Physician Assistants differ from advanced practice registered nurses based on their training, education paths and certification requirements. APRN follows a nursing training model, and PA follows more closely to a physician or medical school approach by completing a bachelor’s degree and a degree in Physician Assistant studies. The curriculums are developed and supervised by physicians, and include a clinical phase where students complete more than 2,000 hours of onsite training rotations in various specialties. Successfully completing training and the national certification exam adds the credential of PA-C.

Physician Assistants who provide primary care services under the guidance of a supervising physician can ensure that underserved rural areas have access to healthcare.

Physician Assistants and sisters Abbie Kirby, PA-C, and Amanda McConnell, PA-C, meet that exact need at McLeod Primary Care Turbeville.

A department of McLeod Health Clarendon which opened in September 2020, this rural health clinic is the only primary care option for residents who need care nearby. For Turbeville natives Amanda and Abbie, the practice means being able to take care of friends and family, many of whom they have known all of their lives.

“It is an honor and a privilege to deliver better access and quality healthcare to the people in our hometown and surrounding areas,” said Abbie. “We aspire to be a convenient, consistent practice for our community, friends and family while providing the care that they deserve.”

“Creating lasting relationships with our patients give me unimaginable joy,” said Amanda. “I have the opportunity to care for several generations of families and observe the difference that access to healthcare can have on their quality of life.”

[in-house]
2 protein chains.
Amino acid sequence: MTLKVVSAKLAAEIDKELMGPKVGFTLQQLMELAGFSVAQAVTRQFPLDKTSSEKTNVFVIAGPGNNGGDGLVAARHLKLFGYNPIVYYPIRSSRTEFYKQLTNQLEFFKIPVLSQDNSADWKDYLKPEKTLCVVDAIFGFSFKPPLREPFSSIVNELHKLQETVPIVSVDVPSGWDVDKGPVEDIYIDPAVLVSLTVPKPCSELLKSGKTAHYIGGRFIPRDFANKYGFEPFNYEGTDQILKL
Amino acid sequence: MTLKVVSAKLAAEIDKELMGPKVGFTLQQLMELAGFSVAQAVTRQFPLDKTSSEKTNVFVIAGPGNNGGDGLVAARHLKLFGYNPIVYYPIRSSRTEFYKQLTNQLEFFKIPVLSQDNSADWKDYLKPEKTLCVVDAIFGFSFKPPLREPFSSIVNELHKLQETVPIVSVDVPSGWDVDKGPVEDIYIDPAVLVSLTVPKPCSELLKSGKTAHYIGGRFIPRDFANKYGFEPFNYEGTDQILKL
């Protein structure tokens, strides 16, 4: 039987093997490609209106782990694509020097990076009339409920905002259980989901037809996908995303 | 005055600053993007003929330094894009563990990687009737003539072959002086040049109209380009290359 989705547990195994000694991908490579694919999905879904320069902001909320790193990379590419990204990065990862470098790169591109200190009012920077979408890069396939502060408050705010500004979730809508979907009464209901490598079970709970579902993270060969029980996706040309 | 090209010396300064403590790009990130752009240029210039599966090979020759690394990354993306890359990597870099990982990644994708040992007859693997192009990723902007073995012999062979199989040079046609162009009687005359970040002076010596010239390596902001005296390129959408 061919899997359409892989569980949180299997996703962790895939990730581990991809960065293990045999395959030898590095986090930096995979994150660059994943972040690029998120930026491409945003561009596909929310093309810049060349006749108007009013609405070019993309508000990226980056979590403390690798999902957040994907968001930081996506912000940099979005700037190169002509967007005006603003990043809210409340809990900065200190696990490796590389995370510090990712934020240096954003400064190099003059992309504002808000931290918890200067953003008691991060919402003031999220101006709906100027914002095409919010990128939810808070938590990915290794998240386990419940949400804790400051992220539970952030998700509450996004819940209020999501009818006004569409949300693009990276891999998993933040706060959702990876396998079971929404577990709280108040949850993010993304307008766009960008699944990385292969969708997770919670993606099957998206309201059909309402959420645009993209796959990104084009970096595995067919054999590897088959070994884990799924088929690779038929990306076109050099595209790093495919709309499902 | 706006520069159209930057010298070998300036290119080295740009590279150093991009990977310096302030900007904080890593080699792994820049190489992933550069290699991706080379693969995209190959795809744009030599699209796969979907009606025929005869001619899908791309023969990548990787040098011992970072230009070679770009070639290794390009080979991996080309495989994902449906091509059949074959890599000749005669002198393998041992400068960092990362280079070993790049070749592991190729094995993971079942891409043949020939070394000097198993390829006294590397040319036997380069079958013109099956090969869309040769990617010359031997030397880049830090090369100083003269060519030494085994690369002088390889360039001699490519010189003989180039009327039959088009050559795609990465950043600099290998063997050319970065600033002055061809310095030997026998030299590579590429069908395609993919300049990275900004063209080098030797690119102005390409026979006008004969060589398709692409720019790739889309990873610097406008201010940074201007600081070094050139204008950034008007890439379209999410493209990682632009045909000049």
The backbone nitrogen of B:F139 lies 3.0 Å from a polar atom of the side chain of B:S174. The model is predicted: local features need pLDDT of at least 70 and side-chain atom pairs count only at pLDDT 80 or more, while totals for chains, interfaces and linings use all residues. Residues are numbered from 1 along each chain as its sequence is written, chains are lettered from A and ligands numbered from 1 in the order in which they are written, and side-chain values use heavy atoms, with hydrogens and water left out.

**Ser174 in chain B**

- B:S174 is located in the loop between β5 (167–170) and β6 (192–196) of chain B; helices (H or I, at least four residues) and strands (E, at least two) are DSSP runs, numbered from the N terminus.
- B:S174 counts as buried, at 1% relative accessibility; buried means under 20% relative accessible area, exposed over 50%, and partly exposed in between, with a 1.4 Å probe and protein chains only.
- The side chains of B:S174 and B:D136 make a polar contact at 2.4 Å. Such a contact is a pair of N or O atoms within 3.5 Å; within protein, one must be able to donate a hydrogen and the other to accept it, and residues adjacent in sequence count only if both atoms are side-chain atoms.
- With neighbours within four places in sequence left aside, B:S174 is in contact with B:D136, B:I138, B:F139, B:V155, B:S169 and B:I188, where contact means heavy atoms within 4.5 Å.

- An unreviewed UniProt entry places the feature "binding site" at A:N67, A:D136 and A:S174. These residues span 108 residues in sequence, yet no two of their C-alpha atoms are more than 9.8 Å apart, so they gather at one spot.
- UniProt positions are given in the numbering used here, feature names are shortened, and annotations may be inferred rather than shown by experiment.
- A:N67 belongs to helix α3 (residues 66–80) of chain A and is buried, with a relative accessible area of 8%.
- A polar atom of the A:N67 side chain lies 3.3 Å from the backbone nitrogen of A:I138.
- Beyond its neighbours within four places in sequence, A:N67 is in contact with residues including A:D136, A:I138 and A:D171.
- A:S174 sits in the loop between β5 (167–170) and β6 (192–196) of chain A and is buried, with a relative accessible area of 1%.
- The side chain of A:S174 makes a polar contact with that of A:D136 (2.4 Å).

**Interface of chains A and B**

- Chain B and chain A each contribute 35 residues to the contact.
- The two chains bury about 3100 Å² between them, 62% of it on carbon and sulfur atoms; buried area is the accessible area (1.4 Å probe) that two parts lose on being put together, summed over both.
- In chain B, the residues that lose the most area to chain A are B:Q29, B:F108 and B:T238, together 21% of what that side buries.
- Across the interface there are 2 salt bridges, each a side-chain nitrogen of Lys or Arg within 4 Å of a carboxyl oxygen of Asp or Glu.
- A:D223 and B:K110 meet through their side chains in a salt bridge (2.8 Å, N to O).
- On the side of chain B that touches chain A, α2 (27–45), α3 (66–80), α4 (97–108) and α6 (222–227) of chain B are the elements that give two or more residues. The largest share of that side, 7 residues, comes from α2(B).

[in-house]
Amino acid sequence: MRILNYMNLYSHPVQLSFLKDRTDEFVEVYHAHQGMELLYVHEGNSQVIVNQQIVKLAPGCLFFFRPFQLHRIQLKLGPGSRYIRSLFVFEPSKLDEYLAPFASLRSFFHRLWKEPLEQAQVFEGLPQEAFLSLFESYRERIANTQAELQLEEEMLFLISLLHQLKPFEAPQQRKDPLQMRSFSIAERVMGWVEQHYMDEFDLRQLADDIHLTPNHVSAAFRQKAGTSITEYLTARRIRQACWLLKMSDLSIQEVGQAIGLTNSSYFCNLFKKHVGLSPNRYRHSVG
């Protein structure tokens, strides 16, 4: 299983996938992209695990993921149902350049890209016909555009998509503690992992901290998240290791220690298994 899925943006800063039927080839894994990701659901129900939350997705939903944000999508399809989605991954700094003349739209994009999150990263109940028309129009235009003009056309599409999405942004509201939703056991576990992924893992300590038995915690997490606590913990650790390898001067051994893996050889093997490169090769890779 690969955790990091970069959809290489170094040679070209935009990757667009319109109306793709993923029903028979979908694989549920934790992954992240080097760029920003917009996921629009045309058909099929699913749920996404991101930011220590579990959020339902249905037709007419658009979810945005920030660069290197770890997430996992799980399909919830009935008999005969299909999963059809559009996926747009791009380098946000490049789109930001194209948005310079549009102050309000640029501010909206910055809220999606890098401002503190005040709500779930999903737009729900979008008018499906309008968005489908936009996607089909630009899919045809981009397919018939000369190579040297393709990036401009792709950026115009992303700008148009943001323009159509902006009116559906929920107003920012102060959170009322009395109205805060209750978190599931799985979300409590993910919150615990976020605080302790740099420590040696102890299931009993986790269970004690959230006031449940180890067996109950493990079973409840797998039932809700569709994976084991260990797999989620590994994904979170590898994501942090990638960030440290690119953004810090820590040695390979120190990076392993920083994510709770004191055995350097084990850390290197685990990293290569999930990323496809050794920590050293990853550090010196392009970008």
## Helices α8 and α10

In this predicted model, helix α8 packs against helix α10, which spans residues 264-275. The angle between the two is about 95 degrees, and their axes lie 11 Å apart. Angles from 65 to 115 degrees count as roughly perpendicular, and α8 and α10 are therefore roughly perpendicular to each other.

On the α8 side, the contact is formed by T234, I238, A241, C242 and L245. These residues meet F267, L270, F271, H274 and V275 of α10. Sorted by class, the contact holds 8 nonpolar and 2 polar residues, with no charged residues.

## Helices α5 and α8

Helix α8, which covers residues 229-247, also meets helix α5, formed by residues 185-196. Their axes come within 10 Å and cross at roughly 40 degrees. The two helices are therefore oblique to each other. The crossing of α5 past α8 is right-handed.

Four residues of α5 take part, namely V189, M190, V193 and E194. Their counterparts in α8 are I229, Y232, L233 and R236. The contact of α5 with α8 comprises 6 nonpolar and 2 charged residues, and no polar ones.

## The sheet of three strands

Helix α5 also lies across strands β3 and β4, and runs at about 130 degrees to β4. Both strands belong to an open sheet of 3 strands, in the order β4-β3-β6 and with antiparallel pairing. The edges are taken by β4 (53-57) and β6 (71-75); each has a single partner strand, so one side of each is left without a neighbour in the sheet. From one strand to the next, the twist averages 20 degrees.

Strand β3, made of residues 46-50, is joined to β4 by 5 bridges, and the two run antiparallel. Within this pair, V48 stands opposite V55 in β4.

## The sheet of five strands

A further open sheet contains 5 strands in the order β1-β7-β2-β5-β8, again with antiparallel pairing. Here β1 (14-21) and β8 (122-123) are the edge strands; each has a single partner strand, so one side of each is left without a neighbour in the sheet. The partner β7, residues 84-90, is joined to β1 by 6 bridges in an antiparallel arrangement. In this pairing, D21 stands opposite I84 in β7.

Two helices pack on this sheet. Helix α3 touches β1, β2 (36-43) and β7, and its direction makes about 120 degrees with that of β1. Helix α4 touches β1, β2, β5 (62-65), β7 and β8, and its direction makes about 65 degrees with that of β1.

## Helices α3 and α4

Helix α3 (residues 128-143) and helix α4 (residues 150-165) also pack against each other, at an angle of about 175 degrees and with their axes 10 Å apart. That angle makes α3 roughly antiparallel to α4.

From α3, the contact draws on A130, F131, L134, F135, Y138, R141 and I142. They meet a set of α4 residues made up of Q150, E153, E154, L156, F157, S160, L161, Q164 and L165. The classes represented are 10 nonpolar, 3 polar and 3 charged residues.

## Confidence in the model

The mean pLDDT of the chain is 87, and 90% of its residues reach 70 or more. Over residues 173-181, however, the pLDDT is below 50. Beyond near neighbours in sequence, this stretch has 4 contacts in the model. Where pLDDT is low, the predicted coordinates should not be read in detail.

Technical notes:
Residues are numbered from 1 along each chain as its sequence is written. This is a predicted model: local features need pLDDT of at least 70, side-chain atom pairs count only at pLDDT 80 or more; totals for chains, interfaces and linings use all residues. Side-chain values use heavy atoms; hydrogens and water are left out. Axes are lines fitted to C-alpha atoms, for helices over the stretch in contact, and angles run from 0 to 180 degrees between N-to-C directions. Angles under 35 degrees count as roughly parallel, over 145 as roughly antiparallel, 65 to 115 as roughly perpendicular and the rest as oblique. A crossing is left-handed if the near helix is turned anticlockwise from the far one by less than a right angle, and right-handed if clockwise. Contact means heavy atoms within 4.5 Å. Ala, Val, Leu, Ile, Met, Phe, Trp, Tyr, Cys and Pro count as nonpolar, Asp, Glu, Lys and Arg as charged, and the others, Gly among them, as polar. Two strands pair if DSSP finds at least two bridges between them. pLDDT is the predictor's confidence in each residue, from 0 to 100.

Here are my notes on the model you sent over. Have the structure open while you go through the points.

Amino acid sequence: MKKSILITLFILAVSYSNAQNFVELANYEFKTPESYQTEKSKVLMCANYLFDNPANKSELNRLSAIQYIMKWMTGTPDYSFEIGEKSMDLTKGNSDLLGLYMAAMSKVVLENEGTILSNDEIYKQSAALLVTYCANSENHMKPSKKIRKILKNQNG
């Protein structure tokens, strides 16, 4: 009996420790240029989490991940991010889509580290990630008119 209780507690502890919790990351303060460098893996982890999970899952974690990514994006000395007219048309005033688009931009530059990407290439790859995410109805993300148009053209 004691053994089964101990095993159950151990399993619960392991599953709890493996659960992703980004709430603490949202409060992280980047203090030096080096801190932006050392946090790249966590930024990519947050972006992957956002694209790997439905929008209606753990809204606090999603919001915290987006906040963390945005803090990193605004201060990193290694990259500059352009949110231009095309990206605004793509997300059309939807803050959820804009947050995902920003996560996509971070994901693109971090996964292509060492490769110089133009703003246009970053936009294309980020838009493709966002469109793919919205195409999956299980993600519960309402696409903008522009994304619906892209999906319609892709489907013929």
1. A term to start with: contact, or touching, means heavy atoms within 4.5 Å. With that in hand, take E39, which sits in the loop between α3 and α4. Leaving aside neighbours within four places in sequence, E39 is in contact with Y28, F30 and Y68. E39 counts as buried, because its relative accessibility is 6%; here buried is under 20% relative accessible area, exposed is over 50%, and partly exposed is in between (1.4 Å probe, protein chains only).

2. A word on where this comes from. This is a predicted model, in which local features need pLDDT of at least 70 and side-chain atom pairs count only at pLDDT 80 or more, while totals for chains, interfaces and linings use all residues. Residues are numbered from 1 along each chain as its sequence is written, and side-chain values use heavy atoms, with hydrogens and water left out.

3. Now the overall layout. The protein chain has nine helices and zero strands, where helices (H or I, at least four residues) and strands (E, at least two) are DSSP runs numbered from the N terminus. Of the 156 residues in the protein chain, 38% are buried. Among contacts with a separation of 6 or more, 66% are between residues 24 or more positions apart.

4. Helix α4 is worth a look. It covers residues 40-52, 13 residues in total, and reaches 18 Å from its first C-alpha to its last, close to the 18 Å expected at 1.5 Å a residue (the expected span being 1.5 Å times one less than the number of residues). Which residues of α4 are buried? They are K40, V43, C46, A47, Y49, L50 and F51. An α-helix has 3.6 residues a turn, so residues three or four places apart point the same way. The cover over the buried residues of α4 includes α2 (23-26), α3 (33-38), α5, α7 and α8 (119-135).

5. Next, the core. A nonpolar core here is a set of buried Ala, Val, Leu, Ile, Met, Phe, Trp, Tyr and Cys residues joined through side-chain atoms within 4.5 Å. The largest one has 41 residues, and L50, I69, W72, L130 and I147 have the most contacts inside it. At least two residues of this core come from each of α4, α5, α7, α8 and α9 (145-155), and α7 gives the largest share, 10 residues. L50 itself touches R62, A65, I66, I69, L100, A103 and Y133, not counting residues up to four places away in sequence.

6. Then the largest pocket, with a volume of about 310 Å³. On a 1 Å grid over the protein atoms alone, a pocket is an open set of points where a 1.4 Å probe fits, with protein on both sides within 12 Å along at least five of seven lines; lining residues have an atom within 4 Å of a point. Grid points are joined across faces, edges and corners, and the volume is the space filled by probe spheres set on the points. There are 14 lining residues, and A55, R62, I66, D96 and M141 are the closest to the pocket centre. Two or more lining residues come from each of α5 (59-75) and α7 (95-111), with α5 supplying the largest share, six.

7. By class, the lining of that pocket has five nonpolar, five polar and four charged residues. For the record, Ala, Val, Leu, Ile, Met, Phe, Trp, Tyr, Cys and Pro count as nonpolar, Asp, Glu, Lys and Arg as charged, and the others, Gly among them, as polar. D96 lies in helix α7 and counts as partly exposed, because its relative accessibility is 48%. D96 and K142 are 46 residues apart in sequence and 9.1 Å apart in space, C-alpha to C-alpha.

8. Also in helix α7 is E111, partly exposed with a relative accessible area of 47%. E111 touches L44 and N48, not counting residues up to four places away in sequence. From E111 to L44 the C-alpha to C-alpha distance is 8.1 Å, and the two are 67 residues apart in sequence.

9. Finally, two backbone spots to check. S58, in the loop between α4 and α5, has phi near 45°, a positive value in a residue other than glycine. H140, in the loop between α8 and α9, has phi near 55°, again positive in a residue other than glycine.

Physician Assistants are often found in medical and surgical specialties other than primary care. In these roles, the providers often see patients for initial diagnoses and treatments prior to seeing the physician for a consult, and even serve alongside the surgeon before, during and after procedures. This model of care is used frequently in orthopedics with providers like Chris Lewis, PA-C, with McLeod Orthopedics Seacoast.

“As a PA, I am empowered to perform many of the same tasks as my physician,” said Chris. “I can prescribe medications, order Physical or Occupational therapy, and prescribe Durable Medical Equipment like walkers and wheelchairs. I can begin the process of getting people set up for surgeries such as hip or knee replacement, and then assist and perform tasks during their procedure as directed by the surgeon but cannot perform surgery on my own.”

By interacting with patients in all phases of their experience, Physician Assistants like Chris can ensure a consistent access and familiar face for those who choose them for their care.

Throughout McLeod Health, more than 350 Advanced Practice Providers join hands with patients and physicians to deliver excellence in healthcare every day.

As the future of healthcare expands and evolves, the partnerships of these providers will benefit patients and families for years to come.